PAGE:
And to bring something home to eat, grab some crabs and hit some structure. Tog fishing is hot right now.

5 on “Cape Cod Fishing Report – October 1, 2020

  1. Wayne

    An October 1, Cape Cod Report featuring Tog and Albies….maybe a shot at schoolies – how sad…..
    Hopefully, meaningful work is being done on a Striper and Bluefish Recovery Plan for 2021…
    Haven’t seen the 2020 numbers, but OTW reported “The 2019 juvenile striped bass index is 3.4, below the 66-year average of 11.6”

  2. Mark Macneill

    Wayne i was saying the same thing . Even other fish sites like fish brains no striper reports personally my self i got a 46 inch a week ago and since july till now im over 130 bass 14 of em keepers . Squid only man chunking beaches on outgoing midnight tides produces awesome fishing chances . Tight lines everyone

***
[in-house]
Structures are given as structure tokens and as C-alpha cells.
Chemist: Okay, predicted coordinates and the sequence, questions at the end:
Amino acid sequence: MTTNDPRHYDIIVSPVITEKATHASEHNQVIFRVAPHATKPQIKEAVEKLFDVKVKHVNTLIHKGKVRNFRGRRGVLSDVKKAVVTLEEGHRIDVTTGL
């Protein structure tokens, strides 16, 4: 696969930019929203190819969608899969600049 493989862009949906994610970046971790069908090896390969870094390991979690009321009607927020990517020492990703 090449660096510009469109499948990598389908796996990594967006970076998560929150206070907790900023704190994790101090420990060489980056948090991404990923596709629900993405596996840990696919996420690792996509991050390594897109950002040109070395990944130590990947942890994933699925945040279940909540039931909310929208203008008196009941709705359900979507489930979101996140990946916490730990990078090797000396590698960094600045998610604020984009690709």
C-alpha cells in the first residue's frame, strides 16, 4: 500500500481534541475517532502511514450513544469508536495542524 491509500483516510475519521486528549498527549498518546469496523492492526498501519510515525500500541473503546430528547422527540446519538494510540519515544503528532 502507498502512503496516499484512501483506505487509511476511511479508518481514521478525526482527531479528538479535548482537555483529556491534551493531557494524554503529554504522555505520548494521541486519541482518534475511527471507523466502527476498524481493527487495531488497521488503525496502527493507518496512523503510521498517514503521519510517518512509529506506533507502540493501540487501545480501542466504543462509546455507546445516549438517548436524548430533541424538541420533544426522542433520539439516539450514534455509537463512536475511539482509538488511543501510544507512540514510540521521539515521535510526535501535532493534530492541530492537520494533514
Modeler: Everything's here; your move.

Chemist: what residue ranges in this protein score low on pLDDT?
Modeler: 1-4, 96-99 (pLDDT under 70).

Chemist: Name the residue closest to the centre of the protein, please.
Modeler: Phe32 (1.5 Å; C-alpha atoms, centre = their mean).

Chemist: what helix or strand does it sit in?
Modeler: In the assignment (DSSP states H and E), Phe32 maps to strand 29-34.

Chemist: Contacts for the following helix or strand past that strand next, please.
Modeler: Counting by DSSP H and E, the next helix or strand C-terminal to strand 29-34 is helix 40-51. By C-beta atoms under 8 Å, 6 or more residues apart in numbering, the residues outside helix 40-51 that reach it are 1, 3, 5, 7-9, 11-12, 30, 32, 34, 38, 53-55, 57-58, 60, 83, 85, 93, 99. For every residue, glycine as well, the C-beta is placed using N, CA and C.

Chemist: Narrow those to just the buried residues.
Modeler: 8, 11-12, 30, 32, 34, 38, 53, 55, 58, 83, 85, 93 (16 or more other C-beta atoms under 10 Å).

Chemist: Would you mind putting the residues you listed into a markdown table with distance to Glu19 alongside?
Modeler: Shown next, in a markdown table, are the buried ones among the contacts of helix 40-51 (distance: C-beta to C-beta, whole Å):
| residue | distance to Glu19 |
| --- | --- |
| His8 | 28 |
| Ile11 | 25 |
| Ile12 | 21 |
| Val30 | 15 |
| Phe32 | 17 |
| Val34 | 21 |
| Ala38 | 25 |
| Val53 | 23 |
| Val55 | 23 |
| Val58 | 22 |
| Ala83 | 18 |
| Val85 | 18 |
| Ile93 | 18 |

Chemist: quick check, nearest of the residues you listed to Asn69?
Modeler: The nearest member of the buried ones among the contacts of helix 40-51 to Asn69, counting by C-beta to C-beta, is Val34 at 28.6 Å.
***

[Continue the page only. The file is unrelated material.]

1. Wayne

      Thanks for the tip. You are doing very well. One thing hasn’t changed, if you want to catch stripers, you have to put the hours in. I’ll admit it, I have gotten lazy. I used to fish around the clock during the first two weeks of October on the outer Cape beaches. We only used the cottage for a shower and a nap on sunny afternoons…..

  3. Will Spangler

    Maybe this hasn’t donned on anyone yet, but we’re going through slow moving environmental collapse brought on by pollution and climate change. What we experience now is the new normal. The fish ain’t coming back.

Leave a Reply

Your email address will not be published. Required fields are marked *